Read it here.
“Kimtak” interviews, 2010
To mark the 10th anniversary of the live-action Space Battleship Yamato, we presented three insightful interviews with the star Takuya (“Kimtak”) Kimura all published prior to the release of the film in December, 2010. They all originated from a single press conference, so there is considerable overlap in their content, but they’re just different enough to warrant individual attention.
Read them here.
There are plenty of deep-diving Yamato collectors in the world, but few take the time to organize their collections to share with others. Cosmo DNA is one example. Another is this virtual museum curated by Kanako Yokosuka. It contains several “floors” divided up by category. Three of those “floors” are devoted to Yamato with other subjects elsewhere. Since the collection is entirely online, it gets periodically updated with new entries – so make the Kanaeyokosuka Museum a regular stop to fill those quarantine hours.
January 25: Leiji Matsumoto official website news
Some good news arrived on this day from Leiji Matsumoto’s official website, which read as follows:
Leiji Matsumoto celebrates his 82nd birthday today. The official website launched in November of last year at the desire of Mr. Matsumoto himself to tell fans and other parties that he was in good health after it was learned that he was urgently hospitalized in Italy. We also report on the future activities of Katsumi Itabashi, a mechanical designer who has contributed to a number of Mr. Matsumoto’s works.
In addition, the official website will introduce “Leiji Matsumoto Works & Memories,” which looks back on past work while introducing his favorite items and memories. Along with the opening of the official website, he presented fans with a Christmas card completed after returning from Italy that said, “Fans, I know you were very worried, but I’m fine.” Also, an official Twitter account has been opened in the name of his beloved cat Mi-kun.
April 30: Product news
Noel Corporation is a new name in the world of Yamato, and a fairly new toy company going back to just 2018. They specialize in toy trains, particularly reproductions of cutting-edge linear mag-lev trains in Japan. One of their newest products is a “floating model” that literally hovers above its base.
From there, it’s a short jump to their forthcoming floating model of the Galaxy Express 999, scheduled for release in July. And from there, it’s just another short jump to the rest of Leiji Matsumoto’s famous spaceships, including Yamato. So this is a company to watch.
Visit Noel’s homepage here.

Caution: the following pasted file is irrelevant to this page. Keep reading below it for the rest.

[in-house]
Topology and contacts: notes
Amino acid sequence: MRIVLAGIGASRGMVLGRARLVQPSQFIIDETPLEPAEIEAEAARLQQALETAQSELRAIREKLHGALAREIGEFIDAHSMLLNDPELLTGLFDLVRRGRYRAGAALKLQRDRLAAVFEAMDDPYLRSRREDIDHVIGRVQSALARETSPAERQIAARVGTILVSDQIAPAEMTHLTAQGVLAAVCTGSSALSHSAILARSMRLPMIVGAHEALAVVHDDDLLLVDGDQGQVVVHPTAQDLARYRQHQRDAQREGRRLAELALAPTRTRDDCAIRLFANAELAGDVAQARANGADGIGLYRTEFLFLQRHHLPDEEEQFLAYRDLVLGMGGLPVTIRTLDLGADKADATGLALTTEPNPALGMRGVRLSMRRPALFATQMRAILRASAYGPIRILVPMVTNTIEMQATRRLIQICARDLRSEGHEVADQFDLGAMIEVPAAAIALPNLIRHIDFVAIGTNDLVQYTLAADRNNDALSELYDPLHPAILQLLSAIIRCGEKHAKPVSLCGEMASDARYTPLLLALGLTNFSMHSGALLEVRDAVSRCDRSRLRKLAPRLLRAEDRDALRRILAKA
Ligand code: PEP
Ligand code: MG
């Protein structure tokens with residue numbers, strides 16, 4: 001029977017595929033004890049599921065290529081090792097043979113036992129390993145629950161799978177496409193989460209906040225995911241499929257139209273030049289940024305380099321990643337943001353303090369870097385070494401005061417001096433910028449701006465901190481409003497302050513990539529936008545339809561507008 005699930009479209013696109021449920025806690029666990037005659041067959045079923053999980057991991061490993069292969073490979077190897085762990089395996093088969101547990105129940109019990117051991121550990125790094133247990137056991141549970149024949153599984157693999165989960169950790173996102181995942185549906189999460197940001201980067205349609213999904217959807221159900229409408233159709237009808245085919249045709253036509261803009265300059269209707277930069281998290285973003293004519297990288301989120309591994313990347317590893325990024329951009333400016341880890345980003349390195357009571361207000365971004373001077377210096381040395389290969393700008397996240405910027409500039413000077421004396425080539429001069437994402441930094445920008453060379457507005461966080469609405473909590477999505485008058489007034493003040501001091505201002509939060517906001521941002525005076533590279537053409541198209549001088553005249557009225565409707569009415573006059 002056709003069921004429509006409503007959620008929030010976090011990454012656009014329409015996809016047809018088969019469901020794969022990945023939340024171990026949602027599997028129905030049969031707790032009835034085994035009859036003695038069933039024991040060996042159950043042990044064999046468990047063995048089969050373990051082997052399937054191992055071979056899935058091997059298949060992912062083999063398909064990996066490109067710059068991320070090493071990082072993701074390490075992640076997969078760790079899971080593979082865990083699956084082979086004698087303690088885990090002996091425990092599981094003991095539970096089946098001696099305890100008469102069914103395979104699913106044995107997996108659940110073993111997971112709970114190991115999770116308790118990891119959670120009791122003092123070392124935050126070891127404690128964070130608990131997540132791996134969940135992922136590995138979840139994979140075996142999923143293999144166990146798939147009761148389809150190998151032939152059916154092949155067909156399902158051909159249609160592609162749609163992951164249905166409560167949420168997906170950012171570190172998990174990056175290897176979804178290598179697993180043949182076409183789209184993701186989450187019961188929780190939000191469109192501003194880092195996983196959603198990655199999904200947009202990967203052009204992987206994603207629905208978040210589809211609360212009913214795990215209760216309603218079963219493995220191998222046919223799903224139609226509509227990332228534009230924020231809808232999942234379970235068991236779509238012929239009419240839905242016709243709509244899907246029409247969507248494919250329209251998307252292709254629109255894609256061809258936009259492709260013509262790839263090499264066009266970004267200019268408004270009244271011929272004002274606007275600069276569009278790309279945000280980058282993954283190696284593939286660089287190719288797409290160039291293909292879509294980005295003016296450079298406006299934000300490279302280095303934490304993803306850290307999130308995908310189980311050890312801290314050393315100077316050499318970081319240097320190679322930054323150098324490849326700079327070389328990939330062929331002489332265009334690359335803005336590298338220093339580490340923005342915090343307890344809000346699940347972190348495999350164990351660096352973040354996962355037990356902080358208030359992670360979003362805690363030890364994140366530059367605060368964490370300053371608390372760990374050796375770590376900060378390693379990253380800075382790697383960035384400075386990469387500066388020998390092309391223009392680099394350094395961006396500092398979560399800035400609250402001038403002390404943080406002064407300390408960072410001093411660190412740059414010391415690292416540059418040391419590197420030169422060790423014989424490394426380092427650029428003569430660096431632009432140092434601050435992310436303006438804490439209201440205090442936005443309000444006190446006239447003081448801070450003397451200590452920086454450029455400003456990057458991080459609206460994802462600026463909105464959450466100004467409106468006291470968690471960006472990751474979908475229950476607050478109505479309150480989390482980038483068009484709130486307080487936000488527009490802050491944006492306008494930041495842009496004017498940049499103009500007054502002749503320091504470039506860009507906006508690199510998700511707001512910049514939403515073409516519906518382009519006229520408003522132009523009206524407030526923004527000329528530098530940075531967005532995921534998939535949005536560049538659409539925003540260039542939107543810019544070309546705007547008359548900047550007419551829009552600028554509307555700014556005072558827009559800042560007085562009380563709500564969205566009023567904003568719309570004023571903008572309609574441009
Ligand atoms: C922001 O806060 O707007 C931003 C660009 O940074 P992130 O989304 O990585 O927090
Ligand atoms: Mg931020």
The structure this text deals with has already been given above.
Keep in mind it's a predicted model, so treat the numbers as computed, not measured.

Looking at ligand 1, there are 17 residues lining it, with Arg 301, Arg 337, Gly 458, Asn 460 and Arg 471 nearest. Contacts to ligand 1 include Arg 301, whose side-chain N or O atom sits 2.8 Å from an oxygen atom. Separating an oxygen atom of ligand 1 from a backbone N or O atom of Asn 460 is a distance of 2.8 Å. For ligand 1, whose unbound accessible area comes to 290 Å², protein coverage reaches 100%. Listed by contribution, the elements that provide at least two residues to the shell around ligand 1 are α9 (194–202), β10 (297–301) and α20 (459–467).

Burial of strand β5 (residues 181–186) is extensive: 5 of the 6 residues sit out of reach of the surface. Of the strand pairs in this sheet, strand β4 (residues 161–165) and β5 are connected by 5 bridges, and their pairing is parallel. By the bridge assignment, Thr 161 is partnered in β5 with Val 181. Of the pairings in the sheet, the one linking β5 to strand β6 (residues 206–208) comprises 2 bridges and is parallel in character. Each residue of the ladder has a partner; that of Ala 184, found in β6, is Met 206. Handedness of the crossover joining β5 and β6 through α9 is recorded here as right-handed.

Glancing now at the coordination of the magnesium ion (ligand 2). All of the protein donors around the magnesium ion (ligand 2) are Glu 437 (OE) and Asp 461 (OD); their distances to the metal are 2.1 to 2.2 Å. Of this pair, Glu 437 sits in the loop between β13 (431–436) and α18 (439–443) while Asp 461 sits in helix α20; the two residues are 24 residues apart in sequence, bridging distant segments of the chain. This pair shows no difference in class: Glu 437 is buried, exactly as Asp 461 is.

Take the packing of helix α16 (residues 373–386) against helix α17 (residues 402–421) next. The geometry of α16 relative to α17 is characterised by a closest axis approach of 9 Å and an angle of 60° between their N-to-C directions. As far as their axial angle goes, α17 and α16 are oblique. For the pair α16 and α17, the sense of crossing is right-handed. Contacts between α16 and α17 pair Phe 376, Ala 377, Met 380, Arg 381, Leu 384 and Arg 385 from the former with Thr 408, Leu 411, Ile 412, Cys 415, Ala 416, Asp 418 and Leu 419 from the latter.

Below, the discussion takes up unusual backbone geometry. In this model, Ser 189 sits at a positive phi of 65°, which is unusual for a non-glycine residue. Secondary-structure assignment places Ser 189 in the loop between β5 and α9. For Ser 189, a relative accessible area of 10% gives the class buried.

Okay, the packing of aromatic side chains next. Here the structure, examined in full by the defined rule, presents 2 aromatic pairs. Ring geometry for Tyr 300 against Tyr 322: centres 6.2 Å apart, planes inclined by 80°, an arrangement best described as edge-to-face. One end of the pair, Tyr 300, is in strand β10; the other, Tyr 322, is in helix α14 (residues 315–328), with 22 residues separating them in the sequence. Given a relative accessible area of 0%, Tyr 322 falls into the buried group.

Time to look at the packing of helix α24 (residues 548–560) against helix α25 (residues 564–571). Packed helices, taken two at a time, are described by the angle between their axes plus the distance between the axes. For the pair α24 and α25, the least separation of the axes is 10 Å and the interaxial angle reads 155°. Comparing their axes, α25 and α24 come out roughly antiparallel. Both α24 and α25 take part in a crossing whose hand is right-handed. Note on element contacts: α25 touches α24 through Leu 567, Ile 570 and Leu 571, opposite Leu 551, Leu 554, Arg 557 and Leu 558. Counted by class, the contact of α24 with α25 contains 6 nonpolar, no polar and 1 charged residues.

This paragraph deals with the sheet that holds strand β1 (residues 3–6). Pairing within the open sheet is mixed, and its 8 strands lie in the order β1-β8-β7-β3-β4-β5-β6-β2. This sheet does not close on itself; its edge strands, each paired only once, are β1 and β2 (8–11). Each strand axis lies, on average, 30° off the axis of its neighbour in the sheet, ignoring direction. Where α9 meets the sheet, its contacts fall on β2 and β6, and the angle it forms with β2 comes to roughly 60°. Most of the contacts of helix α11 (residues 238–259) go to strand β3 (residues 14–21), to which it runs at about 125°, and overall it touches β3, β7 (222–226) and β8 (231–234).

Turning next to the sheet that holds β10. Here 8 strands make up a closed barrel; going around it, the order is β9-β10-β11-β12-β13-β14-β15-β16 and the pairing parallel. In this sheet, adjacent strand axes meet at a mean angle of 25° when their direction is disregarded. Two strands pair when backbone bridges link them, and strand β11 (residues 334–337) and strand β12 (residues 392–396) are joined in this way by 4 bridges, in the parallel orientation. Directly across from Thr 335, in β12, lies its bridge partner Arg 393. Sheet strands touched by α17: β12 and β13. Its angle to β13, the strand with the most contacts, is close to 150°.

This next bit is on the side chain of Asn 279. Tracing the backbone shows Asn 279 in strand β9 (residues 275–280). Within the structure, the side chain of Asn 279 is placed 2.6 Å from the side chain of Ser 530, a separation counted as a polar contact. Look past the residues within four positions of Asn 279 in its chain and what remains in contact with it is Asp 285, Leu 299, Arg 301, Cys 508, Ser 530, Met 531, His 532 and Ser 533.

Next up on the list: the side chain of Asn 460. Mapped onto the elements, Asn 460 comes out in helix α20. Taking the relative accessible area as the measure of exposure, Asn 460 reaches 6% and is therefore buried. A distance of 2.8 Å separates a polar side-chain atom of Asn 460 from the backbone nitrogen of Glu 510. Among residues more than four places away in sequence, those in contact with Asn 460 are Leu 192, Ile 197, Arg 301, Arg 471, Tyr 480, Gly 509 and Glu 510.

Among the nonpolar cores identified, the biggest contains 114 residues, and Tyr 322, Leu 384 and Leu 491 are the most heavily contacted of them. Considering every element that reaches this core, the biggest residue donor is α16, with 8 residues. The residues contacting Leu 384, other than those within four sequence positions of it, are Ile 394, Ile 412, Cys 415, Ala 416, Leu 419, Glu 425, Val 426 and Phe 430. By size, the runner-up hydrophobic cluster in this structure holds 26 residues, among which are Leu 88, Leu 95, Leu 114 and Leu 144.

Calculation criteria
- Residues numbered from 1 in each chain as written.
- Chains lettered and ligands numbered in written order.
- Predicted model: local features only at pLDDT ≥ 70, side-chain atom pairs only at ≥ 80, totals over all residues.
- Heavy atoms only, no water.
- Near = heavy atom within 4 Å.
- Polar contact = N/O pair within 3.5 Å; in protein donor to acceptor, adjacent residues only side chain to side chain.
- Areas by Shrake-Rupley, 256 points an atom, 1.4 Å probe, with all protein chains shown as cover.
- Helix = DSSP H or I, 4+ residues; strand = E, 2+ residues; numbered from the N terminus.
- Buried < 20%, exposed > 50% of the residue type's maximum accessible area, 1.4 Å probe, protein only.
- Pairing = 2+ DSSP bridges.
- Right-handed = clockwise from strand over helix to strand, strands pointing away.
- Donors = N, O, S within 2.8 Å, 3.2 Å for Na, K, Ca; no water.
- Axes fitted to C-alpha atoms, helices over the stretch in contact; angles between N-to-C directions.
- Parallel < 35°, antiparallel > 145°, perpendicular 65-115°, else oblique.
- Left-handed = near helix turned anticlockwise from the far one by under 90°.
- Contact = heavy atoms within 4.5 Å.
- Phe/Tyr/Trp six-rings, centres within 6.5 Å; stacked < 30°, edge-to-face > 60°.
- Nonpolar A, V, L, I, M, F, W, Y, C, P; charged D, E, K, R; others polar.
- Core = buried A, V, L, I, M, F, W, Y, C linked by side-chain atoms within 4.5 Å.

April: Live-action movie images
Half the fun of trawling through Twitter is finding artifacts you never expected to see. In this case, fan modeler Hearyhat shared the unusual discovery of CG model images from the 2010 live-action movie.
No source was indicated, but these are by far the clearest shots of Captain Okita’s battleship and Yukikaze we’ve seen so far.
See them at full size in the original post here.
July 7: Character popularity contest
Kodai’s birthday present was well-timed: in a Yamato character popularity contest conducted by entertainment website Akiba Souken, he took the number one position, ahead of even Yuki Mori. The contest ran for a full month and the rankings changed more than once, but when the dust settled and the votes were counted, 50 characters found their spots – some of which were quite unexpected.
See the final tally here.
July: TV comedy sketch
Okan & Ma-kun is a comedy series about a fussy Japanese mother (Okan) and her hapless son (Ma-kun), performed by comedy duo named Downtown. In this vintage sketch titled “Nap,” Ma-kun dreams himself into the role of Kodai and his mother tags along.
See it on Youtube here.
May 23: Momoconline
Covid-19 may have stopped anime conventions in their tracks, but it hasn’t done a thing to stop the desire for them. Thus, online “virtual” cons began popping up as spring lurched toward summer. One such event was Momoconline, taking place from May 21-24. In terms of Yamato-related content, a pre-recorded Leiji Matsumoto panel was streamed on May 23, hosted by Darius Washington with guests Helen McCarthy (author) and Tim Eldred (Cosmo DNA editor) who talked about a forthcoming book of essays on the man himself.
Ride the galactic railway for an hour or so on Youtube here, if you don’t mind some picture distortion.
Shinya Takahashi originals
It’s been a long time since the name Shinya Takahashi came up in connection with Yamato, but he certainly earned his place in the production pantheon as the character designer for both Be Forever and Final Yamato. He stepped back into the slipstream in 2020 when he posted new original artwork for sale on Yahoo Japan Auctions, featuring Sasha and Miyuki Kodai. His first outing must have gone well, because he returned multiple times with new pieces in subsequent months.
See a gallery of his art here.
August 13: Andromeda popularity poll
In July, the entertainment website Akiba Souken gave fandom a treat with a huge character popularity poll, which we shared here in our last report. As soon as that one closed, a new one opened for mecha with a deadline of August 15. And then, probably to keep the results from overbalancing, they split off a whole separate poll just for everyone to vote on their favorite Andromeda. That poll closed first after amassing over 4100 votes for no less than 23 different candidates.
Remember when we were all chomping at the bit to see just one Andromeda on screen in Yamato 2202? We were all so innocent then.
August 15: Mecha popularity poll
The results of Akiba Souken‘s main mecha poll were announced today. The top two choices will surprise no one, but keep in mind that you’re dealing with a lot of superfans with a LOT of time on their hands…so the subsequent choices become delightfully eclectic as you make your way down the list.
Keisuke Masunaga art